In my working team we’ve only recently started to use Microsoft CRM 3.0 for organizing our own work. The CRM system has been already rolled out to 200 users globally, but these databases have been reserved solely for end customer data. Now we finally have a separate CRM environment to manage our team’s internal customer data, projects and tasks, hence the “dog food experiment”. I’ll blog here some of my experiences as a newbie user, like this mystery with appointments.
This monday I opened up my Outlook calendar and was greeted with a surprisingly empty schedule for the upcoming week. Hmm, didn’t I have plenty of meetings booked for every day, as usual? Going back to my Outlook’s “Recover Deleted Items”, I was actually able to restore a fair amount of ucpoming appointments. But who put them in the bin?
Upon opening CRM’s My Activities view, I still saw the missing appointments in the list. Looking back, I realized each of the appointments I had to recover from Outlook’s trash bin had been tracked into CRM by myself. Why on earth were they simultaneously removed from Outlook?
Well, it turns out that there was a contact record in CRM that matches my default outgoing email address with it’s .com domain. My actual CRM user account used an email address with .fi at the end. So, CRM was not able to find any CRM user resources in the list of appointment attendees and promptly synched my Outlook calendar, thus removing the appointments (since I wasn’t participating them). I did remain as the owner of the appointment and was of course one of the contacts listed as attendees. Come to think of it, Microsoft CRM did provide some error screen to me about scheduling issues when pushing the track button, but who reads those?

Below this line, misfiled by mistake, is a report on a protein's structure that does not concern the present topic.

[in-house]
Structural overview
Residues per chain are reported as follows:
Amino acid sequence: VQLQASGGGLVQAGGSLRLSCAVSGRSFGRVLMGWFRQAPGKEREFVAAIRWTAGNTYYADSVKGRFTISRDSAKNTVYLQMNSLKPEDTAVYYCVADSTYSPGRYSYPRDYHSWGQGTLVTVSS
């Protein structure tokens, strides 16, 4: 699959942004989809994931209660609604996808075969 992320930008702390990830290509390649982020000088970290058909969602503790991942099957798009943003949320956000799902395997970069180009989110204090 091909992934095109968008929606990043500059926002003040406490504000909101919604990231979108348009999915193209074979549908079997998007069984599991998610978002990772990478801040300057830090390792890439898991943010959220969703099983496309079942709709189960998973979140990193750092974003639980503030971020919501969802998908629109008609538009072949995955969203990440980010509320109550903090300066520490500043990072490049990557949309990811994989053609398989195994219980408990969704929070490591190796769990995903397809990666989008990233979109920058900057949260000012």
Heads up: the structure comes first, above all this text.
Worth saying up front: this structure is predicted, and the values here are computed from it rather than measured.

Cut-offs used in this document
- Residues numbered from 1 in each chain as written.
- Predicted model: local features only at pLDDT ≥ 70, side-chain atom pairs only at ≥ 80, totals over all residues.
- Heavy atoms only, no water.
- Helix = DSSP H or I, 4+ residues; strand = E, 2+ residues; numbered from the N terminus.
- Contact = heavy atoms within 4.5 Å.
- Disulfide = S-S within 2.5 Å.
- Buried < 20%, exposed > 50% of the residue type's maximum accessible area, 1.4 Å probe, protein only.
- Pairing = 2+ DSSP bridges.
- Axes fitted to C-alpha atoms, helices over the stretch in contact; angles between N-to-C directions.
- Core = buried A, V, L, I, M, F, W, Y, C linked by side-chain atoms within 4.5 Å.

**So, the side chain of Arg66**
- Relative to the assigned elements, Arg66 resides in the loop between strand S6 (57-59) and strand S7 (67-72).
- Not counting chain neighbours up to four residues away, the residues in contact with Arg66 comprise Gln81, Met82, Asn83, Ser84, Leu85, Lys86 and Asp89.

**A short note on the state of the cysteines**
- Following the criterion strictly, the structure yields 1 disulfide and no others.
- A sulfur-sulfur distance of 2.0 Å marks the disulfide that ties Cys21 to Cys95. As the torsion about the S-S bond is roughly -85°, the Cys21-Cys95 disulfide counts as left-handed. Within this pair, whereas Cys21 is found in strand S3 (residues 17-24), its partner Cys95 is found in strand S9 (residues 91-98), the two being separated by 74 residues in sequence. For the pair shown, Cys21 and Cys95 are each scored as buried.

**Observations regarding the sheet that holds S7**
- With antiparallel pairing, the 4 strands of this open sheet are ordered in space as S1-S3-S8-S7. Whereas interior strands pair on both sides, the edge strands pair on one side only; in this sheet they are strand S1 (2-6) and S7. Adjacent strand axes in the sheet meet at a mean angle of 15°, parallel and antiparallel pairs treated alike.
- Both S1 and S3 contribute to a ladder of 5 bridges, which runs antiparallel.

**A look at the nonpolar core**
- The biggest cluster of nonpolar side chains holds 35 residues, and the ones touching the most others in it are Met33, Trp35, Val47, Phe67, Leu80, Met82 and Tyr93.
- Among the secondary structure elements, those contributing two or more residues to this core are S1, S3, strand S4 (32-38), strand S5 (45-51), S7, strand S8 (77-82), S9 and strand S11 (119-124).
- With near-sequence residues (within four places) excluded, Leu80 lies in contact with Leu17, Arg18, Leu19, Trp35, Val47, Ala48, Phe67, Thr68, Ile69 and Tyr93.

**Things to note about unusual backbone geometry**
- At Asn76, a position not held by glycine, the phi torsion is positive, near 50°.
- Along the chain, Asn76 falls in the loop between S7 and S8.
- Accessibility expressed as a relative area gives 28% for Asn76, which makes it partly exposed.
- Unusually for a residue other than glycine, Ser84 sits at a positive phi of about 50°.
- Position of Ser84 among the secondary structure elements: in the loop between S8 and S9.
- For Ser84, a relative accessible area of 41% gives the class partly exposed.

Makes you realize how an email address alias can make things confusing for many parties. Also makes you remember not to blindly trust what the system tells you and instead always make a mental note in addition to the virtual one.
Dan Barnett, WORKetc founder talks about the exact same thing here: http://admin.worketc.com/Blogs/Development/69
Once Barnett found that the appointment scheduling module in WORKetc was obsolete (and being replaced by other software internally) he knew it was time for an upgrade. It’s this type of internal use that helps the product develop properly.